Train Talk

Some 126 years after trains came to Tucson, their culture continues to fascinate local writers, historians

"I'm more of a bobo than a hobo," concedes printer, publisher and railroad enthusiast Dwight Metzger. Using slang to distinguish between those who are fake freight-train hoppers and the real thing, Metzger adds: "But I'm working on it."

Early railroaders developed their own language as soon as the original little steam engine rolled down tracks in England nearly 200 years ago. By the time the first train pulled into remote, anxious and excited Tucson on March 20, 1880, special railroad lingo must have been well-established.

By the end of the 19th century, the terminology was being discussed in the book Tramping With Tramps. Calling it a "peculiar language," author Josiah Flynt states: "It came into existence primarily as a means of talking in public without being understood by others than those intimately connected with the life."

"If someone was part of the rail culture," observes Tucson historian Bill Kalt, "they knew the slang. It was commonly used, and everyone from school kids to granddads knew what the terms meant."

With the Southern Pacific Railroad Company being Tucson's largest employer for several decades, the language of the railroad was an important component of local life. "It was an outgrowth of the whole mystique around the railroad," Kalt says. "In a way, it was the glue of the subculture."

Having conducted 35 interviews with retired Tucson railroad employees, Kalt says he at first had to "bug the hell" out of them to learn what the terms meant. During the process, he found that some of the lingo had disappeared from usage.

"Ash cap" was a locomotive fireman who stoked the blaze to keep the engine running, thus covering his cap with ash. But with the replacement of oil-burning steam engines by diesel-powered locomotives in the 1940s and 1950s, the term was no longer appropriate.

"Flimsy" is another slang word which has gone out of common use. It referred to the orders written on thin slips of paper and then grabbed by a train crew as they rolled through a station. Kalt points out that with the introduction of computerized central-control systems, the railroad no longer has to rely on a "flimsy."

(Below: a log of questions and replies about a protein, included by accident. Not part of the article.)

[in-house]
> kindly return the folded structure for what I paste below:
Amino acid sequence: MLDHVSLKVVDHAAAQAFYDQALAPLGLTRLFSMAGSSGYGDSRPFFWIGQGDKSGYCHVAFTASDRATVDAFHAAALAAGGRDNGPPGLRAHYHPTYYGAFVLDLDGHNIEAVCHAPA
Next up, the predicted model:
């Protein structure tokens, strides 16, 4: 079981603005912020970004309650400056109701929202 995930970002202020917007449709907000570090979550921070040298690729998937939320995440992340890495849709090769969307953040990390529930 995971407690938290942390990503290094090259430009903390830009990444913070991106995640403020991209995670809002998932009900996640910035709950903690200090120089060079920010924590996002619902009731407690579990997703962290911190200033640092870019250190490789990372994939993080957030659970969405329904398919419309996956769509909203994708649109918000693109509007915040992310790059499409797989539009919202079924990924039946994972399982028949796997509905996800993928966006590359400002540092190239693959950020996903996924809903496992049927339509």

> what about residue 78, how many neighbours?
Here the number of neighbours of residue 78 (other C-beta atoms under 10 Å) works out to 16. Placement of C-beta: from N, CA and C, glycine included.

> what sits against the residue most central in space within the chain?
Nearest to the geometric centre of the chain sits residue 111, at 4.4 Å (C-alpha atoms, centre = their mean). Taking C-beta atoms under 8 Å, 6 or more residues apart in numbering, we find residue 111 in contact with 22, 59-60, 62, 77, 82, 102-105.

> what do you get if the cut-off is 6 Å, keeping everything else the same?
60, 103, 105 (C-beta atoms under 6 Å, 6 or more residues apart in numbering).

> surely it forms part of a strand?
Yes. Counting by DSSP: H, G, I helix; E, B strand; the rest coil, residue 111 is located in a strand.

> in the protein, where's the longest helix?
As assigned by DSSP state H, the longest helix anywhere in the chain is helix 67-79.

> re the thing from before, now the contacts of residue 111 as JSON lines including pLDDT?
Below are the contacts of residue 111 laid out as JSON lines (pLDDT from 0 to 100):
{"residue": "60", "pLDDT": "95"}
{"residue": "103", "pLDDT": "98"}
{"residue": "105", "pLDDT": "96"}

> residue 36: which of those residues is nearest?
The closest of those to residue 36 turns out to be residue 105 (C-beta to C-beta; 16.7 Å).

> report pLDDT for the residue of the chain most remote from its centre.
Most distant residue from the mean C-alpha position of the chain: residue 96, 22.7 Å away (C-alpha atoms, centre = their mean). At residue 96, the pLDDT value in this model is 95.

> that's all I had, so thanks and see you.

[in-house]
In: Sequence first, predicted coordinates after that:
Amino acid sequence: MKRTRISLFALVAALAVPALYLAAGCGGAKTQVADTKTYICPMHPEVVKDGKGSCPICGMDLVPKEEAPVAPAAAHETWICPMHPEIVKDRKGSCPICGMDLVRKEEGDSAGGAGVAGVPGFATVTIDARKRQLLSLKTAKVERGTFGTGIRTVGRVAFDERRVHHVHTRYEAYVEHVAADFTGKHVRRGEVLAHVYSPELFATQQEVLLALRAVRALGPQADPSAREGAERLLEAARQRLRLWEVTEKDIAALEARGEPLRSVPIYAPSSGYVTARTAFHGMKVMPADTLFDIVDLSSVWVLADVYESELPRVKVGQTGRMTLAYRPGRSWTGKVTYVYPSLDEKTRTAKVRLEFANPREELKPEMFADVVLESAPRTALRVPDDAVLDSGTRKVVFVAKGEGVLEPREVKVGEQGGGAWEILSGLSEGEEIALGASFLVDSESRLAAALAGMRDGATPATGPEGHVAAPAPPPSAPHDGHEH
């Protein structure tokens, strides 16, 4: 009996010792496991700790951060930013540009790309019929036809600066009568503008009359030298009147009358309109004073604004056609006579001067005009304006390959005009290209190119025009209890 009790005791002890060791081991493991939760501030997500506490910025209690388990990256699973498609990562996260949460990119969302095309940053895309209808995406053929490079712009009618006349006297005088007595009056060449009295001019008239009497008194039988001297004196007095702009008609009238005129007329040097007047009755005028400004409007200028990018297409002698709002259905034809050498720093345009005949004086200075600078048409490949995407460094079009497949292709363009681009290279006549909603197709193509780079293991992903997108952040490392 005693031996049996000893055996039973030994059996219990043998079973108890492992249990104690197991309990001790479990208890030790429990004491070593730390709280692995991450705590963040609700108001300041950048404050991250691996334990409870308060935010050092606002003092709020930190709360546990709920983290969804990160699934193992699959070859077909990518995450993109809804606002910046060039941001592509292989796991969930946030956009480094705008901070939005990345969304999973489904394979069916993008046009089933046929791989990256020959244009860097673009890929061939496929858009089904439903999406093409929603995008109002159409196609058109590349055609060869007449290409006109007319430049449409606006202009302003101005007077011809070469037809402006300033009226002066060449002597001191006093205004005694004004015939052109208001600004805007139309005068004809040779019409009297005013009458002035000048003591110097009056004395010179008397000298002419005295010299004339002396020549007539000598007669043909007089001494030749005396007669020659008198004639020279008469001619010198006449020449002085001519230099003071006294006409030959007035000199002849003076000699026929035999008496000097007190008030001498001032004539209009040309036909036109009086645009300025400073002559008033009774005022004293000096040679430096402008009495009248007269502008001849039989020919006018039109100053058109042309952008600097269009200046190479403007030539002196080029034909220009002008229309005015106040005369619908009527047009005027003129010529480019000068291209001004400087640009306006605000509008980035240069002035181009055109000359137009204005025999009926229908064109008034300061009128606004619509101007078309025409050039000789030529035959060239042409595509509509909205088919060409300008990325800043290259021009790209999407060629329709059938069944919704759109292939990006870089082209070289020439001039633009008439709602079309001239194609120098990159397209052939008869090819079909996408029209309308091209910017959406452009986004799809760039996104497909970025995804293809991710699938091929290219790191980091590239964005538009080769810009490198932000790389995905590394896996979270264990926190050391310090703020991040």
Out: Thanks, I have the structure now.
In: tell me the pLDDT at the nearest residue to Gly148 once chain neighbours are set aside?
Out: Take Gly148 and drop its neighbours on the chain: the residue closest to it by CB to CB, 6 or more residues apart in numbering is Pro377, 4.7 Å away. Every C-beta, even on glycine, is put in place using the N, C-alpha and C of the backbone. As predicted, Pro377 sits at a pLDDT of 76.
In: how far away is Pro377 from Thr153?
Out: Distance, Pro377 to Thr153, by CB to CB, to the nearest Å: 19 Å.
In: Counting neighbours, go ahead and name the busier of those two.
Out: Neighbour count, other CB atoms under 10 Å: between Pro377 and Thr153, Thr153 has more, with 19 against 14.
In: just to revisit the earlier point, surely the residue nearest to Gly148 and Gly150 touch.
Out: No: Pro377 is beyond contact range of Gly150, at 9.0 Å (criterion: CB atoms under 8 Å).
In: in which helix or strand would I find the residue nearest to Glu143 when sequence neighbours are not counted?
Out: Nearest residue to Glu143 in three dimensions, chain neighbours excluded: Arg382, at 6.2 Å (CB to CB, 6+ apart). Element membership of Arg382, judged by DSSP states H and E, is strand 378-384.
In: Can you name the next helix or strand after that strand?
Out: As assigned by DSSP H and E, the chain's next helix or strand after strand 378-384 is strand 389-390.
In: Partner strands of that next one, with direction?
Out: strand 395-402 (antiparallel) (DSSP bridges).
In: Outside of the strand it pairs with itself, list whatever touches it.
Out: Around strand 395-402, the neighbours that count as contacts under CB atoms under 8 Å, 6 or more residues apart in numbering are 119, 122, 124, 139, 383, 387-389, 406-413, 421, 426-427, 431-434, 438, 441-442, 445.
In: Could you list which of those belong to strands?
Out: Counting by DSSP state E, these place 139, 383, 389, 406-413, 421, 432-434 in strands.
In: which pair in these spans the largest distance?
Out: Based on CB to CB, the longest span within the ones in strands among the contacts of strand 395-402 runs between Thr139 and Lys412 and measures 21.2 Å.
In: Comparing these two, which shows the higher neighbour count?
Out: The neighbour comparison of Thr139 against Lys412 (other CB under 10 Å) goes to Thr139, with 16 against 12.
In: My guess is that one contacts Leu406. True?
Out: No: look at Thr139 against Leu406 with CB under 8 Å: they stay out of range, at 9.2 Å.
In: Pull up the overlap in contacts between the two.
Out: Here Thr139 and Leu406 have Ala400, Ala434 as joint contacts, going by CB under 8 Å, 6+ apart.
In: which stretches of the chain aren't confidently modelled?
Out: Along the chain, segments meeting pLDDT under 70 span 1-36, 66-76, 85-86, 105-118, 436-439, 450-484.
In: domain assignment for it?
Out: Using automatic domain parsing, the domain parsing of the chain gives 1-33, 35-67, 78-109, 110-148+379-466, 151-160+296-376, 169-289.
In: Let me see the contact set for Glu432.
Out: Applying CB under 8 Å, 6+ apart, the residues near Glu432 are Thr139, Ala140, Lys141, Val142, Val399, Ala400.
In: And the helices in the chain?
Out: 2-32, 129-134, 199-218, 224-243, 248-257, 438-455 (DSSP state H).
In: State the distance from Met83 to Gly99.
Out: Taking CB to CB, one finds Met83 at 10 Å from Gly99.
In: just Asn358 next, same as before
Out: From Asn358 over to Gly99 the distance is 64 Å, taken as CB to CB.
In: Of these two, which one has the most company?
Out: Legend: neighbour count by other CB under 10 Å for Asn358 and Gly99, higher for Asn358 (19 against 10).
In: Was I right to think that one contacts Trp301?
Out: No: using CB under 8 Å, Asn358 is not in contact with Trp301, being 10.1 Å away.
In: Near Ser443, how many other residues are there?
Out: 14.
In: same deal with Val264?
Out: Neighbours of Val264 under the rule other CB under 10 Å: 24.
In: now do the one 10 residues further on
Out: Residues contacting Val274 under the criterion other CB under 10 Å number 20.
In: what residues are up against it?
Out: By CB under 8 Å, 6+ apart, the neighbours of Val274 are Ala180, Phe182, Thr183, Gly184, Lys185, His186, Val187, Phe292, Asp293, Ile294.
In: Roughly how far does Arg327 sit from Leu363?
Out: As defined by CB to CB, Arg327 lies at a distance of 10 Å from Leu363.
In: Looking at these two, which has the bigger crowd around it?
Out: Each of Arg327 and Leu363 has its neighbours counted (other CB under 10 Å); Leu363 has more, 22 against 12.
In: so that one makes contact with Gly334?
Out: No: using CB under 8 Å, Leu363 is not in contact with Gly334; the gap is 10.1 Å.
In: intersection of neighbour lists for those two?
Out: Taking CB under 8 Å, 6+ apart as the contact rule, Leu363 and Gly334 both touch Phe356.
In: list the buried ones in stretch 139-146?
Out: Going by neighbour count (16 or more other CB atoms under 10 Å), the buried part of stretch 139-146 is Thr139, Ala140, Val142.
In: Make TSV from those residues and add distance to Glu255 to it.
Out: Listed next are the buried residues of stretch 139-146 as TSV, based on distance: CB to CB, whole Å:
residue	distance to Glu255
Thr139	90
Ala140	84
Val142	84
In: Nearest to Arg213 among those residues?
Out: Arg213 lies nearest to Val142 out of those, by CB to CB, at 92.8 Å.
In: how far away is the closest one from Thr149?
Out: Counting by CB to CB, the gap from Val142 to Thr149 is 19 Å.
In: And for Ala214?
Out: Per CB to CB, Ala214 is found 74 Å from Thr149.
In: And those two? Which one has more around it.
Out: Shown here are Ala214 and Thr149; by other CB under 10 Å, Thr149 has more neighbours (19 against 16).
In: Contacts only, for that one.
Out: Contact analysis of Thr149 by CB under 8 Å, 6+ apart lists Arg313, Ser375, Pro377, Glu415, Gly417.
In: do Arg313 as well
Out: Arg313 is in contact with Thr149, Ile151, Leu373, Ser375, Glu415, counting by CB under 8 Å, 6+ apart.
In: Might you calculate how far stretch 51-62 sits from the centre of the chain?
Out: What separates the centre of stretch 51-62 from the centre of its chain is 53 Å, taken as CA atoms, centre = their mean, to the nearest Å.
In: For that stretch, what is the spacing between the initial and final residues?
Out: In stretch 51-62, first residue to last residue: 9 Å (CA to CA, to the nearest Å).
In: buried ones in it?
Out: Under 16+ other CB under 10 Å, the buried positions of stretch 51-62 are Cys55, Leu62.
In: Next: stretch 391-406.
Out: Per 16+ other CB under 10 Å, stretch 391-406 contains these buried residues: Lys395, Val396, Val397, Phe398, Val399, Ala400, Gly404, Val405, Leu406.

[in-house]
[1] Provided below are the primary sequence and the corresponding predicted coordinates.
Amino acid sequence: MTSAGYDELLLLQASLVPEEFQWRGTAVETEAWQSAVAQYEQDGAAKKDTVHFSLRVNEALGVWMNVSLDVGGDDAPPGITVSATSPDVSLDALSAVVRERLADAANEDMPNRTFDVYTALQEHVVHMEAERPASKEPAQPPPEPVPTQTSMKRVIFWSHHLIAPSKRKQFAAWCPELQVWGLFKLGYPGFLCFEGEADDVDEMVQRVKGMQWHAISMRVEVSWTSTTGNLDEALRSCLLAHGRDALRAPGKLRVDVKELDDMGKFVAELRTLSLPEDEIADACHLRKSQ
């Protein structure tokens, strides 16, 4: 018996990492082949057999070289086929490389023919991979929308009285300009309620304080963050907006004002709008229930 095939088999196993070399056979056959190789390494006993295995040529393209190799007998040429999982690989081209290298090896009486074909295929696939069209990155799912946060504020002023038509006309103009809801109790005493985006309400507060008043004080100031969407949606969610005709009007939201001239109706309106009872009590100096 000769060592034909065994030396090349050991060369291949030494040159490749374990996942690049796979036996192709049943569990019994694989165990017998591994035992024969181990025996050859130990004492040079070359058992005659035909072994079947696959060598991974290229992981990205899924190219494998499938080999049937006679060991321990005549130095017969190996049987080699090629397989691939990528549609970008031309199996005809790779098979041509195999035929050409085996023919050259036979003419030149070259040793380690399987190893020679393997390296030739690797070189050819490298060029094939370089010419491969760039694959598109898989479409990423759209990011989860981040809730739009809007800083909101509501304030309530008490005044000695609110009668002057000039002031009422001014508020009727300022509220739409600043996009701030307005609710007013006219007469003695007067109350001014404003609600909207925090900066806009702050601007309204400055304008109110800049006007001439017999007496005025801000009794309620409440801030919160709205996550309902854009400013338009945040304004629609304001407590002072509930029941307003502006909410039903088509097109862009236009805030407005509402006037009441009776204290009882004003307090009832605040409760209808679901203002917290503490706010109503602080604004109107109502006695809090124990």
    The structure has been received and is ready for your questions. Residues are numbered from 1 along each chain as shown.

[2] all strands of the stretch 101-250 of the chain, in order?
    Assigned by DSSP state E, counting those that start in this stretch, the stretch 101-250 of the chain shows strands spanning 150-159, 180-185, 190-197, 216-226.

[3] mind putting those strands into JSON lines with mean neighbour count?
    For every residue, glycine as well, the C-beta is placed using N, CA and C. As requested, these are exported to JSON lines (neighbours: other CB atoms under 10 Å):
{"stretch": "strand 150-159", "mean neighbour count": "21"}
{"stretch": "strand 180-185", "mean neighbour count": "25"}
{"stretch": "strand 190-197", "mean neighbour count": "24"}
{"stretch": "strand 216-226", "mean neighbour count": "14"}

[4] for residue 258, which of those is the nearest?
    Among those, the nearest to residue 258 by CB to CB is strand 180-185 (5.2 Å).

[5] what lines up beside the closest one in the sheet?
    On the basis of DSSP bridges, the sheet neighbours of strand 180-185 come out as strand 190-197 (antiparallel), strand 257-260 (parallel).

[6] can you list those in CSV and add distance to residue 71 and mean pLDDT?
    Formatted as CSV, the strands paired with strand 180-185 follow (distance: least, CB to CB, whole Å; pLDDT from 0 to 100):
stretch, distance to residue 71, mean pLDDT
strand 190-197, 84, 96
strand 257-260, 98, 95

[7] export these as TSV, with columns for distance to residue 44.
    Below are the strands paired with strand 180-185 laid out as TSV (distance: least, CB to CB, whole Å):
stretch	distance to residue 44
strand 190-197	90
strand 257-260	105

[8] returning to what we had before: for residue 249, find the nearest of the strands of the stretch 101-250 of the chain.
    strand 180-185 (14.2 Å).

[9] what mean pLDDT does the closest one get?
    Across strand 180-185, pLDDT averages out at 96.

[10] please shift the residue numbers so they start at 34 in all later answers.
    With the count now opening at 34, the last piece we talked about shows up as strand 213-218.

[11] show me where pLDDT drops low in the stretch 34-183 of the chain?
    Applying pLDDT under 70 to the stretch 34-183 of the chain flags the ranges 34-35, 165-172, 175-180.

In early 2005, Metzger published a pamphlet entitled Speaking of Trains. Compiled by a well-traveled train hopper from Minnesota, it contains almost 500 definitions of terms used by railroad employees and those who ride the rails for free.

Using this dictionary, translation of the railroad language becomes possible. "Hog heads" are engineers; "pull the pin" refers to uncoupling cars; "cut out" is switching cars off a train; and "kicking" means pushing an uncoupled car to roll on its own.

The mostly young people who still jump onto freight cars by "catching out" rides wherever the train may take them have their own distinctive terminology. "It's a way to keep the language alive," Metzger observes, "by bridging the gap between old and new."

There are still "tramps" who frequently travel by rail, along with young "road kids" who hop on trains occasionally looking for a "Cadillac" ride. These smooth trips often come on a "Canadian grainer," or freight car which offers a particularly hospitable abode for the illegal passenger.

Train hoppers of every age don't want to be nabbed by "bulls," or railroad police. If they are, they'll either be given a warning and escorted off company land--or taken to jail.

Usually, "bulls" are reportedly kind toward "rail kids." An occasional train hopper named Milenko confesses of "bulls": "If you're real nice to them, they'll be nice back. They just want you off railroad property."

Having once lived in Tucson, Milenko was working elsewhere last year when interviewed about why he rides the rails.

"It's pretty fun and exciting," he says, "and adds a little bit of spice to life."

Commenting on the tedium which accompanies waiting for a freight train to depart and then having it move slowly toward an often unknown destination, Milenko continues: "It can be boring sitting around. When the weather is bad, you can get really wet. It's not all fun and games."

Several years ago, Milenko put on paper his introduction to Tucson. Contained in a volume published by Metzger, There's Something About a Train, it provides an outsider's look at our community.

"What the hell is this?" Milenko asks in an LSD-inspired stupor about the huge red sculpture in front of the main library. "It looks like a metal dinosaur."

Leaving downtown, Milenko crosses a dry desert wash. "The Santa Cruz 'River,'" he writes, "the first river I've seen that doesn't have any water in it."

Climbing up Sentinel Peak to spend the night in the center of the "A," Milenko observes of the desert vegetation he spots along the way: "Everything in every way growing and leaning and spikey and smooth and green and yellow."

The next day, this desert novice would leave Tucson; he eventually returned and lived here for five years. When interviewed in 2005, Milenko said he didn't have time for train hopping any more, but definitely planned to do it again. Or, as those who travel by rail might say: "The former road kid wants to be a tramp one day."

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